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WEDNESDAY, Dec. 14, 2016 (HealthDay News) -- The drug misleadingly marketed as "fake pot" that triggered a "zombie" outbreak in a New York City neighborhood last summer was significantly more potent than real marijuana, investigators say.
Thirty-three people at a Brooklyn event became intoxicated and essentially immobilized after smoking the synthetic drug. Eighteen were taken to hospitals for emergency treatment.
Testing of their urine and blood revealed evidence of a synthetic product known as AK-47 24 Karat Gold. A lab analysis found it was as much as 85 times more potent than THC (tetrahydrocannabinol), the main active ingredient in real marijuana, the researchers reported.
Fake pot is highly potent, unregulated and bears no real relationship to plant-based marijuana, said Roy Gerona, author of the new study.
"What we're talking about are thousands of different synthetic drugs, that since 2008 have been put together for their psychoactive effects in clandestine labs all over China," Gerona explained.
"Originally, some were investigated by scientists for their potential pain-relieving effects, but then abandoned, either because they didn't work or they weren't safe," he added.
Gerona runs the University of California, San Francisco's Clinical Toxicology and Environmental Biomonitoring Laboratory.
"Some have chemical compounds that are scheduled [as illegal]. Some do not. But either way, they in no structural or medicinal way contain the properties of what is found in marijuana," he said.
"You basically have no idea what you're taking," Gerona added.
According to the U.S. National Institute on Drug Abuse (NIDA), while synthetic cannabinoids are "related" to chemicals found in naturally grown marijuana plants, they are entirely lab creations. They're generally sprayed onto plants for smoking or marketed as liquids to be vaporized and inhaled.
These street products are sold under an array of names, including K2, Spice, AK-47 24 Karat Gold and Brain Freeze, among others, said Gerona.
The NIDA warns that they are not safe.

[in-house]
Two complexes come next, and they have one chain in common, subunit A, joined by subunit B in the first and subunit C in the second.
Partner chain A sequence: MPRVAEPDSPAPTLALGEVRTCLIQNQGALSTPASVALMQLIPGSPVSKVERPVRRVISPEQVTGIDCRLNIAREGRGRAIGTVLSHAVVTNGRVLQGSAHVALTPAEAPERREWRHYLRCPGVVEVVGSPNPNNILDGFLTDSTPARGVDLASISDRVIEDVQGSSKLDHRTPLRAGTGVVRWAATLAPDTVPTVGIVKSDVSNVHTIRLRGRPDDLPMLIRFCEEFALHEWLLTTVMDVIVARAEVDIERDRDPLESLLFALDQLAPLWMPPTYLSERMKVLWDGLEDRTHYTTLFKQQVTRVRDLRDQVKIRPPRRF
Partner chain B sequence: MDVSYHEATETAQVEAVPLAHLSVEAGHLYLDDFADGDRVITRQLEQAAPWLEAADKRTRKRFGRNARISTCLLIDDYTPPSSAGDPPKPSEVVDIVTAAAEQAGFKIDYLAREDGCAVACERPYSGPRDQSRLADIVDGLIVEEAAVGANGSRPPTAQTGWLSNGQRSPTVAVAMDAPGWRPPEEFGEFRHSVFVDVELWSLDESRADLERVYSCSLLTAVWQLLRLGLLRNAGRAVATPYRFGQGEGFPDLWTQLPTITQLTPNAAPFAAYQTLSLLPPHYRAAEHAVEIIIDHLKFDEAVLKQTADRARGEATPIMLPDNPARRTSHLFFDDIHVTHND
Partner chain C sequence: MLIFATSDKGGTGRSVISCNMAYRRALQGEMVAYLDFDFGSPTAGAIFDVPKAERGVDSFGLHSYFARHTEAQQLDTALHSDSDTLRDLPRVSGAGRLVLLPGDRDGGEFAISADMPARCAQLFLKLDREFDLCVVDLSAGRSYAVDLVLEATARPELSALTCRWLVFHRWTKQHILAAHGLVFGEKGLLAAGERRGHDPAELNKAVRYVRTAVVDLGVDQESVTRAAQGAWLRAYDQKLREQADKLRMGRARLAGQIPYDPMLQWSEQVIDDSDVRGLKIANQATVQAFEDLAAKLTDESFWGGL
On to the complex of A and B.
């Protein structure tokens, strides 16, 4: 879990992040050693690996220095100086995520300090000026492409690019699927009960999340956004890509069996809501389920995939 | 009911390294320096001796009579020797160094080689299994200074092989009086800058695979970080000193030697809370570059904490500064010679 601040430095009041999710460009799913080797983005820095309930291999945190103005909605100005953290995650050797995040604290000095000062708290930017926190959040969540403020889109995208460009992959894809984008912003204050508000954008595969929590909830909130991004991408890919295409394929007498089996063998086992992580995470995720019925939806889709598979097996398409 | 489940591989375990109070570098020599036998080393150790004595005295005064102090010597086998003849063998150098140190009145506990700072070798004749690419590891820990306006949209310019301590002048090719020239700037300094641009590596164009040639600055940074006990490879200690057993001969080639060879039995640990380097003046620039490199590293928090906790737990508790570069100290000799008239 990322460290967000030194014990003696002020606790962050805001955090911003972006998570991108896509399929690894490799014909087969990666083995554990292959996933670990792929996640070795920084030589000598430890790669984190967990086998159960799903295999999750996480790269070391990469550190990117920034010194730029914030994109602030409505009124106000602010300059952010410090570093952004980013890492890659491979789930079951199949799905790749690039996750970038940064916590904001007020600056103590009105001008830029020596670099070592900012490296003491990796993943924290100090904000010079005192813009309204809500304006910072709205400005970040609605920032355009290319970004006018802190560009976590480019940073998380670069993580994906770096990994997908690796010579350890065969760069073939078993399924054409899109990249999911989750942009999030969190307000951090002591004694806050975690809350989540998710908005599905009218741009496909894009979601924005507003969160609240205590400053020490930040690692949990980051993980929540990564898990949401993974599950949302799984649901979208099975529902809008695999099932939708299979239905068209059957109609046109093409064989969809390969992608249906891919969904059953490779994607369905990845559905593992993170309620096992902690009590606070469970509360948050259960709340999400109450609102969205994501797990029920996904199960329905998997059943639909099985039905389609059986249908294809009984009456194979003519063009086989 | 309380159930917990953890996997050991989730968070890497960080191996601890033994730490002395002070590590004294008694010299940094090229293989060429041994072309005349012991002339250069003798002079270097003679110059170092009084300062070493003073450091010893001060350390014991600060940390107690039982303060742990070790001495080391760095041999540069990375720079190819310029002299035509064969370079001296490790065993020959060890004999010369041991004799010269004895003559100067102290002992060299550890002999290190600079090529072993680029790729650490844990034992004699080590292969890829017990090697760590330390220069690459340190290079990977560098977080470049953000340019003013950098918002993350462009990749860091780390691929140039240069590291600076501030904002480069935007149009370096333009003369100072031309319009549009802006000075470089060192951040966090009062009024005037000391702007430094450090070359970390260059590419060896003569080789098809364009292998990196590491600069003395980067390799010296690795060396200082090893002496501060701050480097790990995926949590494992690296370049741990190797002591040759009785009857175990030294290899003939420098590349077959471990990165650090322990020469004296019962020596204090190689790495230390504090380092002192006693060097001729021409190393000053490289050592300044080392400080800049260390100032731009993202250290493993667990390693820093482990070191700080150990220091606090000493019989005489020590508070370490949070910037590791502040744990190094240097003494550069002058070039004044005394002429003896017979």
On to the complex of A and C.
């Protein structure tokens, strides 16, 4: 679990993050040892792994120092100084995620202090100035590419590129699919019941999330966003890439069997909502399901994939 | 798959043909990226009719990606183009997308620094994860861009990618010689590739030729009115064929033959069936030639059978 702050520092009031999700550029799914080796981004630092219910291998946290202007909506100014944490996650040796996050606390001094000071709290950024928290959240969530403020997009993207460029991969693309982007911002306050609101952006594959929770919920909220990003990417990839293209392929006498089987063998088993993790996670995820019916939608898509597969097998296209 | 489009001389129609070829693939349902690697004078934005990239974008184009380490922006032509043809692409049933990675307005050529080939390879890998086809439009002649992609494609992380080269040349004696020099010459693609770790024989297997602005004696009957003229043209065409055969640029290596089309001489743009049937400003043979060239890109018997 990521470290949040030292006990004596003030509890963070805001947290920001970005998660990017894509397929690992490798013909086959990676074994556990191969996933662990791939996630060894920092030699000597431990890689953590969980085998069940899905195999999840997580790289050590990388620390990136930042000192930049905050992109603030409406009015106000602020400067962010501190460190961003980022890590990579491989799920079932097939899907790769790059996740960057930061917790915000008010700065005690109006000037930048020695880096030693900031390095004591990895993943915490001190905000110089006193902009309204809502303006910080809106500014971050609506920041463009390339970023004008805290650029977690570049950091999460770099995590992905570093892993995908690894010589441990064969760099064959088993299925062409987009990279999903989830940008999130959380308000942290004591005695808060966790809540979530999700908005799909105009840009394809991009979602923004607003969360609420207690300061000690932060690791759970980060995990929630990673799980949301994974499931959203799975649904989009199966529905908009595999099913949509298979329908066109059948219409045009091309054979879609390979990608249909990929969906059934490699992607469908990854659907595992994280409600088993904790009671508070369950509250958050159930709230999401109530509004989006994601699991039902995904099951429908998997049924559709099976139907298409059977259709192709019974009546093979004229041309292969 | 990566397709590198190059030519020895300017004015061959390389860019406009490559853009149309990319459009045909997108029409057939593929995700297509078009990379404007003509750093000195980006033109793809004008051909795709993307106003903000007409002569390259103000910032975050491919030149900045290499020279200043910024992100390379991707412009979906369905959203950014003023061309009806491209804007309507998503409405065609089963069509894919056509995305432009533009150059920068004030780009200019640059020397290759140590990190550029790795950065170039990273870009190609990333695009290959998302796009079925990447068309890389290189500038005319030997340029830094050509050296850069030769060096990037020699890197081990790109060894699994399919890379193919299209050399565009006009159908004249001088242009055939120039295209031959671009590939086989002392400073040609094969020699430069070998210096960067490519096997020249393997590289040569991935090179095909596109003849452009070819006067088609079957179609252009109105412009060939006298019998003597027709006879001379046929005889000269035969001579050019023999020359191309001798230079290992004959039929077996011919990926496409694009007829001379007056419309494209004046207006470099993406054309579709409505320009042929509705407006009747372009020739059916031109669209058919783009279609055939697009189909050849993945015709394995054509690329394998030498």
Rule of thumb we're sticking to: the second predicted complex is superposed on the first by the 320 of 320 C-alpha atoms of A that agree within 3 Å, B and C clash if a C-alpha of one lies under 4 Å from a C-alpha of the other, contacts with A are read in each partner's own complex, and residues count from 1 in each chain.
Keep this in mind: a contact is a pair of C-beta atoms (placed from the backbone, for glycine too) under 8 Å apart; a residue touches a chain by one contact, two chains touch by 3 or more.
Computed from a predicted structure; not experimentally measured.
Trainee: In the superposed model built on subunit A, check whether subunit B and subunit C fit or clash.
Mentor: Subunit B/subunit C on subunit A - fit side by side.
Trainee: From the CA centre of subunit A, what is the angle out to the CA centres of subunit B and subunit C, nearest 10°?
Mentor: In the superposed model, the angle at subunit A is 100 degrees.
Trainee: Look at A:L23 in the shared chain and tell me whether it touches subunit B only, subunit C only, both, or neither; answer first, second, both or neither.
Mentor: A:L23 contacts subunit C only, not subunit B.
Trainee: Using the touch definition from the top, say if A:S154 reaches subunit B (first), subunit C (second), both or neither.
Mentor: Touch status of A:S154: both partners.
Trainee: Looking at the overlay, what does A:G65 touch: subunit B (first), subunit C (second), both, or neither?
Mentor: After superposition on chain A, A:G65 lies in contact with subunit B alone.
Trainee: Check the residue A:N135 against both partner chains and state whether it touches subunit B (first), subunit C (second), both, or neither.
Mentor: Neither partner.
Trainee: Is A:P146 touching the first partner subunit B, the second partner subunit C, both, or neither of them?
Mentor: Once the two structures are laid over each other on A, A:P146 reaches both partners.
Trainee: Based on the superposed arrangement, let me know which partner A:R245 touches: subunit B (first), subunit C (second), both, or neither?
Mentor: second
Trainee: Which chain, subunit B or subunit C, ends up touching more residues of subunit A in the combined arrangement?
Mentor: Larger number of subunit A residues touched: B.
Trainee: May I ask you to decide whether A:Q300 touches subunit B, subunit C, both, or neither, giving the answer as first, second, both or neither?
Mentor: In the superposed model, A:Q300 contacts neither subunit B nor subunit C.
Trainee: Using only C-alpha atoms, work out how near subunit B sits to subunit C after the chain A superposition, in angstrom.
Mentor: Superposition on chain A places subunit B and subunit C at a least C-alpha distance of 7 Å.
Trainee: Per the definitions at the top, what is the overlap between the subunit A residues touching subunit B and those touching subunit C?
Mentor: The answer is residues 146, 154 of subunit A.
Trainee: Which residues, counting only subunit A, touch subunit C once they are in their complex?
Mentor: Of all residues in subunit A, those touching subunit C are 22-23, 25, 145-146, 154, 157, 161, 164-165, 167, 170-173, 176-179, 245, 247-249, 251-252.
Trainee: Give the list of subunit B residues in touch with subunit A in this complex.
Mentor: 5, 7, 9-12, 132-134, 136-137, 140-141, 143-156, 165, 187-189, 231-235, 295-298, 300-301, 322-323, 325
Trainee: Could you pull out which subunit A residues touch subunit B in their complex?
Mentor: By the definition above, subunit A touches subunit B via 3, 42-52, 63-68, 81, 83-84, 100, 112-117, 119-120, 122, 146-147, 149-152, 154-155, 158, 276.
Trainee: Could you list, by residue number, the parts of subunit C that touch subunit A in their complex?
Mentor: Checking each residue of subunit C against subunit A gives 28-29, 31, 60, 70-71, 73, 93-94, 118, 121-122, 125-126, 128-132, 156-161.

That point was seconded by Paul Armentano, deputy director of the marijuana legalization advocacy organization NORML. Armentano stressed that these drugs "bear no similarity to the botanical plant."
"What makes these 'street' substances dangerous is that they are unregulated, they contain unknown components, they are of unknown potency, they are not standardized, and there exists zero quality control," he said.
What's more, Armentano said, "We have little idea from batch to batch what exactly the active components of these products are, [given that] the chemical compounds appear to be constantly changing."
People who use these products face a potentially fatal combination of seizures, high blood pressure, kidney damage, rapid heart rate, vomiting, confusion and paranoia, the NIDA warns. The products can also cause extreme anxiety, hallucinations, violent behavior and suicidal thoughts.
The new study, published online Dec. 14 in the New England Journal of Medicine, focused on 18 of the Brooklyn residents who had serious reactions after smoking AK-47 24 Karat Gold in July.
Emergency medical service responders and bystanders characterized as "zombielike" the blank stares, groaning and generally lethargic "mechanical" movements of those who had taken the drug.
Those taken to a hospital for emergency treatment were between 25 and 59 years old. Eight were homeless. Treatment included breathing assistance and heart monitoring.
Gerona said the appeal of such synthetic drugs extends even to places where marijuana is legal. That's because synthetics can prompt a different sort of "high" and are often cheaper than actual pot.
Another reason for their popularity: They're less easily detected in drug-screening tests than marijuana, Gerona and Armentano said.
"If you're in the military, for example, or you have a job that requires regular drug screening, many of these compounds can't be screened for," Gerona explained.
Although his lab tries to keep up, Gerona said most of these drugs have not been evaluated for their full toxic effect. "Some are much more potent than pot. And a lot of the time users will end up in the ER," he added.
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SOURCES: Roy Gerona, Ph.D., assistant professor, Clinical Toxicology and Environmental Biomonitoring Laboratory, University of California, San Francisco; Paul Armentano, deputy director, NORML; Dec. 14, 2016, New England Journal of Medicine, online